What are Great Bustards?
The Great Bustard (Otis tarda) is a large bird in the Bustard family, unrelated to other large bird species such as turkeys or geese. Great Bustards can (and do) fly, and are the heaviest flying animal alive today.
Great Bustards can be found across Europe, as far south as Spain and as far north as the Russian steppes. Most members of the Bustard family are smaller than the Great Bustard – only the Kori Bustard and the Great Indian Bustard are of a similar size.
Male Great Bustards grow about 30% larger than the females, reaching up to one metre tall and weighing up to 16kg. The heaviest recorded Great Bustard weighed in at 21kg. The conservation status of the Great Bustard is listed as vulnerable, with populations in many countries being in decline. The species became extinct in the UK in 1832.
Huge, heavily built and robust but stately in appearance, adult male bustards can be identified by their bulging neck, heavy chest and characteristically cocked tail. Shape is similar to a large goose, but the bustard is much larger with considerably longer legs and a straighter neck. The head and neck are a pale blue-grey, the body and tail rufous brown with black bars, and underparts white. The wings of the Great Bustard are mostly white with dark primary and secondary feathers.
Males in breeding plumage grow large white moustachial whiskers (20cm long) and become more vividly coloured on their back and tail. They also develop a band of russet coloured feathers on their lower neck and breast, which becomes wider and brighter as they get older.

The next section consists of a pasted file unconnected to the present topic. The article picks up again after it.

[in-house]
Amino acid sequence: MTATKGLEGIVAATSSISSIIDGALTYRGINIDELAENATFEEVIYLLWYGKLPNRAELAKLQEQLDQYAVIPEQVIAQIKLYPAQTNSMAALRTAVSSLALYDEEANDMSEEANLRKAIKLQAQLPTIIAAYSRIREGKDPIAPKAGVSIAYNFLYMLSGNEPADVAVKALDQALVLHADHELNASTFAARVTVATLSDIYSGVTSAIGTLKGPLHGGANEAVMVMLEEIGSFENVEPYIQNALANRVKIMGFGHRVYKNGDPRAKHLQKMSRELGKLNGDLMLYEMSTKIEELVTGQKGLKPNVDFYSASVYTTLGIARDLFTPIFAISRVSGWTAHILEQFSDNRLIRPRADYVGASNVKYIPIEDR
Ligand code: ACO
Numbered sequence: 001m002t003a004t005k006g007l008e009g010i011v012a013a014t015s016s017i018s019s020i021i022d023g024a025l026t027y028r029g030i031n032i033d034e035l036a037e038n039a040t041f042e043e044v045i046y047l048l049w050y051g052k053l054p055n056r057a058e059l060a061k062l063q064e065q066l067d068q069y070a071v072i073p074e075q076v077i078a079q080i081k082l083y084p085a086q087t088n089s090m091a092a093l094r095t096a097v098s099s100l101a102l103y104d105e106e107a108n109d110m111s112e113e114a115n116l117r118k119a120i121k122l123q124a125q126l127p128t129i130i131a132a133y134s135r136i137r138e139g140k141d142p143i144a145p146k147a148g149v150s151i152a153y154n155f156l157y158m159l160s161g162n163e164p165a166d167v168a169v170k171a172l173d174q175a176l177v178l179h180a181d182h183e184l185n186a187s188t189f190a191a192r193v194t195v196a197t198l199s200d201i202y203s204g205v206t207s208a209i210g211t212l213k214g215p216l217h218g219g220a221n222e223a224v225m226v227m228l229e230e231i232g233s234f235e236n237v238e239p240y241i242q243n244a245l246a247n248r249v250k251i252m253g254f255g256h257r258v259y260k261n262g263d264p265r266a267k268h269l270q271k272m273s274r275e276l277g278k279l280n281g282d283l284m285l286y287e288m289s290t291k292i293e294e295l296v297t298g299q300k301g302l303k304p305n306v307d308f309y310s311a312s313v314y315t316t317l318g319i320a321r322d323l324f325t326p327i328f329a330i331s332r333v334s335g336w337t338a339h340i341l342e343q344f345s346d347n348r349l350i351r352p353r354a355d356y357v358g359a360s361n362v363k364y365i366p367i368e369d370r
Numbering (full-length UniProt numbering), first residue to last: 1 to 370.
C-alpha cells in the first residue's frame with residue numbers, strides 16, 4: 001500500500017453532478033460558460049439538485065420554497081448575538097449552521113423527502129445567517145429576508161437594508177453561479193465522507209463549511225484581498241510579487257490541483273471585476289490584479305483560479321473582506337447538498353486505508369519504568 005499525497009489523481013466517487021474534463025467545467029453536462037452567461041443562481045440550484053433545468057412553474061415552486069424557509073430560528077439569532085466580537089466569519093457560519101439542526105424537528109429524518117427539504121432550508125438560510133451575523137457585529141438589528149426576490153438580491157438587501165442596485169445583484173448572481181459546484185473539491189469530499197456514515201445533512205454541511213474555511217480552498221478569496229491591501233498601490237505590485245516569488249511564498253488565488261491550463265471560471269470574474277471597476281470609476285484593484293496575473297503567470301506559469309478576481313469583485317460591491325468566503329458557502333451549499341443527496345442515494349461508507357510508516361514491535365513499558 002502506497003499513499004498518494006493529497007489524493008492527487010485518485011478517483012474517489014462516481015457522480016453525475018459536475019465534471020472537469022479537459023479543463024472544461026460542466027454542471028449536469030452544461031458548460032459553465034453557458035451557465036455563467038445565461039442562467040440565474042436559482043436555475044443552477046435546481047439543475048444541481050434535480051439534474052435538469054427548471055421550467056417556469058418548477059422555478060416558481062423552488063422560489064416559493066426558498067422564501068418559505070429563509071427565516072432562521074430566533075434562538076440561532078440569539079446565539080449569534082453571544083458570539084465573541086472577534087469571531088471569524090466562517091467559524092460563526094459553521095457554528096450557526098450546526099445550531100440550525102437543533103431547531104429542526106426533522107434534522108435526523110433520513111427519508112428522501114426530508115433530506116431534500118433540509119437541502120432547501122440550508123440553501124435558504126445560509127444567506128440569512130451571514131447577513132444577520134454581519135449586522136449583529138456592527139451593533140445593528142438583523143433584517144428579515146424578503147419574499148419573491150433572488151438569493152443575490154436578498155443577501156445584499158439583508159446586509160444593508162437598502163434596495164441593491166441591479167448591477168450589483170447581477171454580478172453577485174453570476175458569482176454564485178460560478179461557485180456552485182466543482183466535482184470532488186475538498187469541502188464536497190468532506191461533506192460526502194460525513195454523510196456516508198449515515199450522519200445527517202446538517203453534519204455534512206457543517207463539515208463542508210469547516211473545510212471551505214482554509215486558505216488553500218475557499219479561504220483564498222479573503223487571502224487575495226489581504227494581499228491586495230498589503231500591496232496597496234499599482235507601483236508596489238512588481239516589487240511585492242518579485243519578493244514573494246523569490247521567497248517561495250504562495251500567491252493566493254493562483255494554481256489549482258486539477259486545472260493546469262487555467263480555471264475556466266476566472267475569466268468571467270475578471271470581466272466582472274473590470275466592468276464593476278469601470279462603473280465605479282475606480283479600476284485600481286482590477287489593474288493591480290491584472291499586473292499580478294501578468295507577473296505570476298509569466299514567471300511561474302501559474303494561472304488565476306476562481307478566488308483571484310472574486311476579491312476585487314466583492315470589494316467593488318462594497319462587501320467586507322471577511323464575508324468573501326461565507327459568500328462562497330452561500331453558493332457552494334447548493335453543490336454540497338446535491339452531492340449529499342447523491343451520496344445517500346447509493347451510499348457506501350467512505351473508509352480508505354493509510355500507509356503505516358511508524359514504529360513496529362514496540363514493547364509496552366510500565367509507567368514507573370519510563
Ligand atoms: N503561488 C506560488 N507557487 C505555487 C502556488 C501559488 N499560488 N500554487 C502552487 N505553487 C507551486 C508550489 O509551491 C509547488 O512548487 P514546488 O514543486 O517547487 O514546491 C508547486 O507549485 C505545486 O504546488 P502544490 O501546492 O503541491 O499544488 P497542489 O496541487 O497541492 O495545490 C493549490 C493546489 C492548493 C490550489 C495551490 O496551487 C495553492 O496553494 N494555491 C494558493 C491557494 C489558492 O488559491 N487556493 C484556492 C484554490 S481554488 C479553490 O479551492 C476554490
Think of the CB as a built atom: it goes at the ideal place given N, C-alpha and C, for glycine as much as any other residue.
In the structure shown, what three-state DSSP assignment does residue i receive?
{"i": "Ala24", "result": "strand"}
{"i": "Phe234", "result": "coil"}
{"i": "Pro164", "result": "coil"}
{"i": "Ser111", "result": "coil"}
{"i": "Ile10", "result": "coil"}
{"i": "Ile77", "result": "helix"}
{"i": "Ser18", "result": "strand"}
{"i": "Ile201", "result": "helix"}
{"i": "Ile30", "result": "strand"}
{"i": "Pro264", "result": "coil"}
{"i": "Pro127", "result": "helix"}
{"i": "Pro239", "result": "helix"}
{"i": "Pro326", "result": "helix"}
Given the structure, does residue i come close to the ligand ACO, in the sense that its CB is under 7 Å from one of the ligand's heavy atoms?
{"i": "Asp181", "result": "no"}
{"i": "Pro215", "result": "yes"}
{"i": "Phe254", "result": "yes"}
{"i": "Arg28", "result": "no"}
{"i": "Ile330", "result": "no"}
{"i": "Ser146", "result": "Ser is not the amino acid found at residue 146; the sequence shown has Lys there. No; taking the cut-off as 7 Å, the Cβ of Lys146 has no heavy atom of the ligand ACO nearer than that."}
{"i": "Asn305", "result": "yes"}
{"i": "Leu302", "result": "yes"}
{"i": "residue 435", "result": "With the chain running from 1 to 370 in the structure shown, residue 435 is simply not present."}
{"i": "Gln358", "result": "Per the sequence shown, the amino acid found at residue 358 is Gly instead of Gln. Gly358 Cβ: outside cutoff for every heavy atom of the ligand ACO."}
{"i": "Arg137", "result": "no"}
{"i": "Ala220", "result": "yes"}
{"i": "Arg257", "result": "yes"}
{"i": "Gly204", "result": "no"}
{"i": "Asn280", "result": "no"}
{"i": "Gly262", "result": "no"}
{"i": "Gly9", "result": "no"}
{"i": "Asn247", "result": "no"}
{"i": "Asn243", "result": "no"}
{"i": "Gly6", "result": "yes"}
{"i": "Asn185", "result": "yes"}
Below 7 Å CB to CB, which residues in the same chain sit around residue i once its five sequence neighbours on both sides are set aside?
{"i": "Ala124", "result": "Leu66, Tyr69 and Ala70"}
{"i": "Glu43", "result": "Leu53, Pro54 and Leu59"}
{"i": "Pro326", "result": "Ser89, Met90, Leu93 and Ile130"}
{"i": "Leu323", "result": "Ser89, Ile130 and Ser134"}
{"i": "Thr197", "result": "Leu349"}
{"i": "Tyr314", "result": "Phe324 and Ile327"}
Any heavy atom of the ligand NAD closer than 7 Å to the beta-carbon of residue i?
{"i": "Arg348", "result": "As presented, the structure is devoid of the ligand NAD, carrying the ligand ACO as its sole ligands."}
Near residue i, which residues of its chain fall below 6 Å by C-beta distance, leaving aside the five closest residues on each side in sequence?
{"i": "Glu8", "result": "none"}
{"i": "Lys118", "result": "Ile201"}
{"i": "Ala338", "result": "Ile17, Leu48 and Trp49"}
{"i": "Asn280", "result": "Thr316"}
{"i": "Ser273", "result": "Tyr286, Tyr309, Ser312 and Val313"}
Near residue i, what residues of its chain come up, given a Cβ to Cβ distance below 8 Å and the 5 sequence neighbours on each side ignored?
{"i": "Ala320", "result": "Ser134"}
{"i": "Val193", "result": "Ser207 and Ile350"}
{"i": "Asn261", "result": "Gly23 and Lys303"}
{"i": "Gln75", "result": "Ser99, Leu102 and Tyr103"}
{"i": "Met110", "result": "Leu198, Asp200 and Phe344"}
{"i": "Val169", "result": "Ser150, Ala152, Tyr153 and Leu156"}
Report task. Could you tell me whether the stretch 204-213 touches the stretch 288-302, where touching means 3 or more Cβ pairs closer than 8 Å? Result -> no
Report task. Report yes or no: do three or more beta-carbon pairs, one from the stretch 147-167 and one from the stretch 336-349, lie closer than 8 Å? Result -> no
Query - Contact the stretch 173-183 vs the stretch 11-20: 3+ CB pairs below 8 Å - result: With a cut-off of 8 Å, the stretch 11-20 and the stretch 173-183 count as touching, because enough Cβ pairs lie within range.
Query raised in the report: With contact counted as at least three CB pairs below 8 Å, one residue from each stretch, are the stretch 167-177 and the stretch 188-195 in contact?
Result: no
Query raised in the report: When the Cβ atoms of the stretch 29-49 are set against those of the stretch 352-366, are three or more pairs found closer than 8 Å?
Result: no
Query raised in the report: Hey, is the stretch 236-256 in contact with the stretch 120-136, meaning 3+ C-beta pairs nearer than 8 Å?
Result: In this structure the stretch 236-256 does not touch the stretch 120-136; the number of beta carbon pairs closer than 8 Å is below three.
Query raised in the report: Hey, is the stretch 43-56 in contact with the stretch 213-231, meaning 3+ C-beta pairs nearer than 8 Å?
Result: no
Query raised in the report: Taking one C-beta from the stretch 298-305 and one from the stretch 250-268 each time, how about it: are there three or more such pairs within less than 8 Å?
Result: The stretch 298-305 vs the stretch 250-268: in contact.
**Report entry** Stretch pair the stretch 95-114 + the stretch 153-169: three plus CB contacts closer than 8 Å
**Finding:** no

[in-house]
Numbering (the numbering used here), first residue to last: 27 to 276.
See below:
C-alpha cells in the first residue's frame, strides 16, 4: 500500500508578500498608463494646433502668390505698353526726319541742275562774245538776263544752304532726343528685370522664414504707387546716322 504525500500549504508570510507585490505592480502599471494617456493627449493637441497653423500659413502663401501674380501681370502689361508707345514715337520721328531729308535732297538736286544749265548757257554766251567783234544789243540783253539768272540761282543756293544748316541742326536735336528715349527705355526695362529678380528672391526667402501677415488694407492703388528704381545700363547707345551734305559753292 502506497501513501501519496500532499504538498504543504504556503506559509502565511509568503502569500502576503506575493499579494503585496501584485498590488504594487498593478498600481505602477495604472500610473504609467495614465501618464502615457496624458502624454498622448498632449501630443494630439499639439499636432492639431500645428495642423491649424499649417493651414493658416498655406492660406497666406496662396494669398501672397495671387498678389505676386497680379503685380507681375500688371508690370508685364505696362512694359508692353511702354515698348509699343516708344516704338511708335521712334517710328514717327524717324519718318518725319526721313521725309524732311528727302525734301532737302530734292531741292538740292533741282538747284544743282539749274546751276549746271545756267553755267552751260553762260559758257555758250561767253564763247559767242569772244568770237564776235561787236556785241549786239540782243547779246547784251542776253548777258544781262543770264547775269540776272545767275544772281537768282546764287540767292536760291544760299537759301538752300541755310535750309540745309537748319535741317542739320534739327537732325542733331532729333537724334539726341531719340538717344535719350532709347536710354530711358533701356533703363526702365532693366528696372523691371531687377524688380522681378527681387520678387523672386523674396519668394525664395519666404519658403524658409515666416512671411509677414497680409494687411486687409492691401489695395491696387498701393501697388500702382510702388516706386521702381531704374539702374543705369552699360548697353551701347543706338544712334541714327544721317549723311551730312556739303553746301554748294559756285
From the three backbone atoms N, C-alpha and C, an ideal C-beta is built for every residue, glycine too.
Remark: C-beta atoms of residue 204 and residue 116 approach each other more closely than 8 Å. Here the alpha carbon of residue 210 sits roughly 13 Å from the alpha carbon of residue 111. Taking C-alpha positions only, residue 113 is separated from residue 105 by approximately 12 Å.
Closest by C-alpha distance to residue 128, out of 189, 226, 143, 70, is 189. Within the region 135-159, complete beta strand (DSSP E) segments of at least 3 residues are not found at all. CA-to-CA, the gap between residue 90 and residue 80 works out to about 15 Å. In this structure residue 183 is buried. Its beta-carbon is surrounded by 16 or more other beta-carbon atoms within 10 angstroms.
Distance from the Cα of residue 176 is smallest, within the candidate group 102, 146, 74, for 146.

There is a marked difference in size between males and females, termed sexual size dimorphism. Great Bustards actually exhibit the largest sexual size dimorphism of any bird species and most other mammals, birds, reptiles, amphibians, and fish! Female Great Bustards can be as much as 50% smaller than males.
Males: Standing height 90-105cm. Wingspan 210-250cm. Weight 8-16kg.
Females: Standing height 75-85cm. Wingspan 170-190cm. Weight 3.5-5kg.
Adults are usually silent but males can sometimes be heard when fighting in breeding season. They use a variety of gruff nasal barks and also a soft “umb, umb” sound, which is sometimes heard as the gular (throat) pouch is inflated and deflated during display.
The young also have a number of calls including a high plaintive whistle. This is first heard from the egg prior to hatching and it continues until chicks are several months old.
More detailed information on the Great Bustard can be found here.